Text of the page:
Vitamin D Metabolism

Greetings readers,

Today, I will introduce you to the basics of Vitamin D metabolism in the human body. I suspect this will be a bit boring, but it is a necessary step we need to go through in order to fully understand the effects of this vitamin regarding human health, longevity and possibly fitness (controversial reports).

Everybody knows that vitamin D is important for adequate calcium absorption. Since its discovery in the early 20th century and the eradication of nutritional rickets1, many aspects of its beneficial health effects have been elucidated, but many more remain to be investigated. Quite a lot is known about its metabolism. First of all, I would like to point out that vitamin D is not a “real vitamin”.  By definition vitamins are organic compounds that are required for various physiological processes, but cannot be produced by the organism. Vitamin D can be obtained through limited dietary sources (mostly fatty fish) and be made in the skin directly exposed to ultraviolet B light (UVB). Just to clarify, UVB and UVA is ultraviolet light with slightly different wavelengths.


Figure 1: Vitamin D Metabolism and Physiology. After synthesis of Vitamin D3 in the skin or its absorption through the diet, it is transported by DBP to liver and kidneys where it undergoes two sequential hydroxilations to yield the hormonally active form, 1,25(OH)2D3. 25(OH)D3 and 1,25(OH)2D3 induces the gene expression of 24-hydroxylase, which results in its degradation.


In skin exposed to UVB light, pro-vitamin D3 or 7-dehydrocholesterol, is converted to pre-vitamin D3 (fig. 1)2,3. Chemically, a C-C bond of 7-dehydrocholesterol (pro-vitamin D3) is broken giving rise to pre-vitamin D3. Pre-vitamin D3 then isomerises to vitamin D3 in a process stimulated by heat (fig. 2)4. Vitamin D3 thus produced in the skin or dietary vitamin D3 absorbed in the intestine then enters the circulation3. Vitamin D3 in the circulation does not exist in free form. It is bound by vitamin D3 binding protein (DBP)2. DBP is a Gc-globulin that is abundant in serum. It binds the lipophilic vitamin D3 and transports it through the bloodstream to other organs and tissues5.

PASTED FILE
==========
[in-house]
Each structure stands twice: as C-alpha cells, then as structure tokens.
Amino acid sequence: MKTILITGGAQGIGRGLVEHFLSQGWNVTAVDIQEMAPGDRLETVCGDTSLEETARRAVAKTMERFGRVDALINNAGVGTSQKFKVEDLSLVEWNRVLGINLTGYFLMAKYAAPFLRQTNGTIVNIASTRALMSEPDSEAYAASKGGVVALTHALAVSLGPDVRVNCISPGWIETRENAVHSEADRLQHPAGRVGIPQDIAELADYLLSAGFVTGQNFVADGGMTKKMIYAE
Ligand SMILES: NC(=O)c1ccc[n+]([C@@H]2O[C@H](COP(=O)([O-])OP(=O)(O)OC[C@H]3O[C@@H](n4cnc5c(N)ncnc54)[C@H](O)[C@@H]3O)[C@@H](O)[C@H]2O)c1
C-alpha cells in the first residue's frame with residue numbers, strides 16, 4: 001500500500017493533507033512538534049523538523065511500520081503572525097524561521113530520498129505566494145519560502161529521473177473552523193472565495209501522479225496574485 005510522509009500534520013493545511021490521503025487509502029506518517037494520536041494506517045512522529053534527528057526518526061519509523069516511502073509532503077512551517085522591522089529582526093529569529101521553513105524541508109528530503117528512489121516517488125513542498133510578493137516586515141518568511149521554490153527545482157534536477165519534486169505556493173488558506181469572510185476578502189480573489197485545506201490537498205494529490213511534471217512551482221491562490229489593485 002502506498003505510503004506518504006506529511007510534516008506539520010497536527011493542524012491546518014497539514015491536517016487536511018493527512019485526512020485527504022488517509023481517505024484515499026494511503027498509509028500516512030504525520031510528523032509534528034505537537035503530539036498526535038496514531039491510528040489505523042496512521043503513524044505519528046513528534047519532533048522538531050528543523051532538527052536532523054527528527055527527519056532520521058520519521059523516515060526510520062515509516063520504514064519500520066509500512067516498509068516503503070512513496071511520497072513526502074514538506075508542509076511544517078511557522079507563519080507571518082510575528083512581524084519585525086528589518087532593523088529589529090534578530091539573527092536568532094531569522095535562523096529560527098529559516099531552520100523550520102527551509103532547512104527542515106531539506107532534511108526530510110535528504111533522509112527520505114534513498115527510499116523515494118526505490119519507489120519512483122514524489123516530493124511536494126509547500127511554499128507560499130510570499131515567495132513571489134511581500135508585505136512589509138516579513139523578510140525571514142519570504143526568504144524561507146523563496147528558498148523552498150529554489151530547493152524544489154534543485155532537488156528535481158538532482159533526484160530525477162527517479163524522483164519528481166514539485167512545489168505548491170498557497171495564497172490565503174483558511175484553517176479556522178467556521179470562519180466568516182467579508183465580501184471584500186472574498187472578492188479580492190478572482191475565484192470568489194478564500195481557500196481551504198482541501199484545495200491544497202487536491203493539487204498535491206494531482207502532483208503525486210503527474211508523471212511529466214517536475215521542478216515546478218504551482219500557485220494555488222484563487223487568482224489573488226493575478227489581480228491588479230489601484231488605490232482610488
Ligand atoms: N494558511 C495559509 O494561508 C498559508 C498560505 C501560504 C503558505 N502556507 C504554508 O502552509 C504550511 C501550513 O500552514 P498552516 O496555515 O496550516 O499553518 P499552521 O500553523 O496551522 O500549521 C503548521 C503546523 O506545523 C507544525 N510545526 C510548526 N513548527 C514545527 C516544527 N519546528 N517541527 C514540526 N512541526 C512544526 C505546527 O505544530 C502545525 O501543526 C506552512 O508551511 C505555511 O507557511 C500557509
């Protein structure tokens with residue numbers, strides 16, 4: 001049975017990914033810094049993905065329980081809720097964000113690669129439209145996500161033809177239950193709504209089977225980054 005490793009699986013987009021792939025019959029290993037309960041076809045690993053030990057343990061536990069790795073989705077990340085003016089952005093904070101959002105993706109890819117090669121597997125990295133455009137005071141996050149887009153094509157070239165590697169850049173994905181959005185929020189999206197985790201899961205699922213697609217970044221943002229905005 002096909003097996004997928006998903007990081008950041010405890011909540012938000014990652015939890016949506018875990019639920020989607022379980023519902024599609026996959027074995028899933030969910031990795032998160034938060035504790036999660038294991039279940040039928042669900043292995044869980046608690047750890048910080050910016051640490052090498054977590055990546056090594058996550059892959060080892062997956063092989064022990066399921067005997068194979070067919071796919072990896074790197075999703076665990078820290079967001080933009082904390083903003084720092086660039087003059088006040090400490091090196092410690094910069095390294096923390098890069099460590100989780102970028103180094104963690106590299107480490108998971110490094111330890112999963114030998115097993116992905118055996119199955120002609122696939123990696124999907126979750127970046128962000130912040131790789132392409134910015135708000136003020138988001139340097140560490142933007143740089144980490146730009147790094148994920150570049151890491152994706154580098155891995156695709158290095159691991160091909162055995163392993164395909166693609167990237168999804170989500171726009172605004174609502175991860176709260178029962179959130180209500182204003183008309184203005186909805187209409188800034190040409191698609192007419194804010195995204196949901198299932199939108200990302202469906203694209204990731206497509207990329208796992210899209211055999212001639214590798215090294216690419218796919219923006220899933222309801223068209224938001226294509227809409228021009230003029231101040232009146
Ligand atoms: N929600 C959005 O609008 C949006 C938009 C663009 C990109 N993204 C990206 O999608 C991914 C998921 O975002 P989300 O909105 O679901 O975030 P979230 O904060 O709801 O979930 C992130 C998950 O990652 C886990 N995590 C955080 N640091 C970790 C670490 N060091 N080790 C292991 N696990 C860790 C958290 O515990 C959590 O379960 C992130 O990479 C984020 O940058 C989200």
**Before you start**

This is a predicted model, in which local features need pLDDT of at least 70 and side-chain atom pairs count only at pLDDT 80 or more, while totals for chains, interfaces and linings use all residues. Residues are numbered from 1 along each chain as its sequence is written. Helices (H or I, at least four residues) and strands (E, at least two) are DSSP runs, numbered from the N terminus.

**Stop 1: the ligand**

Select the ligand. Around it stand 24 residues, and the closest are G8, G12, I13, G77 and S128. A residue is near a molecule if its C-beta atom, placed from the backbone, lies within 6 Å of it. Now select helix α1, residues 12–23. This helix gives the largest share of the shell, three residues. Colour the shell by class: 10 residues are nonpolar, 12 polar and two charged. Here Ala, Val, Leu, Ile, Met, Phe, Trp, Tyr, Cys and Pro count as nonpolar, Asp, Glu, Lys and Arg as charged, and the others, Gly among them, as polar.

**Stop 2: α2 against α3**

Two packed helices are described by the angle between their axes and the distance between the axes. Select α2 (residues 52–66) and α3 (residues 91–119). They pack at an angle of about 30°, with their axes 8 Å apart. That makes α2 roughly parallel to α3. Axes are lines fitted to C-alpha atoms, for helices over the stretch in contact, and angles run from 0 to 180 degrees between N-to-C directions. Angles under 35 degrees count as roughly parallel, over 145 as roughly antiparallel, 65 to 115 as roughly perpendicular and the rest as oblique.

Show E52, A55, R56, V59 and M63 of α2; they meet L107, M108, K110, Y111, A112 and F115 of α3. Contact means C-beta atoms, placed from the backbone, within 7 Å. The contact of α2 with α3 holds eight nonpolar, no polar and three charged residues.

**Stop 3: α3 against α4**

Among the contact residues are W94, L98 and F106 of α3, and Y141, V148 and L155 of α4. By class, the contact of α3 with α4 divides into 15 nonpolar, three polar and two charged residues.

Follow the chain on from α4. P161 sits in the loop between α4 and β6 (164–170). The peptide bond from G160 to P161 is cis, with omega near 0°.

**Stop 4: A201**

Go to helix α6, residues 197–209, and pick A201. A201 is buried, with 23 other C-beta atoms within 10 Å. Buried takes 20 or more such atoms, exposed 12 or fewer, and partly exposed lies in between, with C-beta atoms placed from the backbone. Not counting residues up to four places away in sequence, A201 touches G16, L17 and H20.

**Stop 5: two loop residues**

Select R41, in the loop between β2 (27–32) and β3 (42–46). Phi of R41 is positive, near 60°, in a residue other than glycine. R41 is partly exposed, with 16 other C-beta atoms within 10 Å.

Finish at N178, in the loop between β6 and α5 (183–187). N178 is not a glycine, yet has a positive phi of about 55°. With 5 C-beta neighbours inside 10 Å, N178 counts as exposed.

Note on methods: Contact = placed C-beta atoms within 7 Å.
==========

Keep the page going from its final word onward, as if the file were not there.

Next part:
Figure 2: Vitamin D Metabolism. Under the action of UVB (ultraviolet B) light, a C-C bond in Pro-vitamin D3 (7-dehydrocholesterol) is broken giving rise to Pre-vitamin D3. Under the action of heat, Pre-vitamin D3 is converted to to vitamin D3 relieving steric hindrance. Vitamin D3 then is converted to the hormonally active form, which is 1,25(OH)2D3 or Calcitriol, by the sequential action of a hepatic and renal enzymes as discussed in the text.

Vitamin D3 needs to be activated through chemical modifications. The first one takes place in the liver. The vitamin D3 molecule is hydroxylated at the 25th position to give 25-hydroxyvitamin D3 [25(OH)D3]. This is the major circulating form of vitamin D. It determines the status of vitamin D in the body: sufficiency, insufficiency or deficiency. The enzyme responsible for this modification is a hepatic vitamin D3 25-hydroxylase encoded by the gene CYP27A1 (fig. 1)3. CYP27A1 is a cytochrome P450 enzyme and is mitochondrial. There are other enzymes that perform the same function – e.g. the microsomal CYP2R12.

25(OH)D3 is still not hormonally active. It is bound by DBP and is transported to the kidneys. The DBP/25(OH)D3 complex interacts with the receptor magalin6,7 and is internalized in cells of the proximal tubules where it is hydroxylated at carbon 1. This form of vitamin D, 1,25(OH)2D3 or 1,25-alpha-dihydroxyvitamin D3, is the hormonally active form of vitamin D. The enzyme responsible for the 1-alpha hydroxylation (the 1-alpha-hydroxylase) is encoded by the gene CYP27B1, also a member of cytochrome P450 family. The renal 1-alpha-hydroxylase is regulated by calcium and phosphate homeostatic signals such as parathyroid hormone and FGF23 (a separate post will deal with this). There is ample evidence, however that CYP27B1 is expressed in other tissues enabling the local production of the hormonal form of vitamin D [1,25(OH)2D3]8 from circulating 25(OH)D3 independently of the regulation cues stated above. 1,25(OH)2D3 could be bound to DBP, but with a much lower affinity compared to vitamin D3 or 25(OH)D3.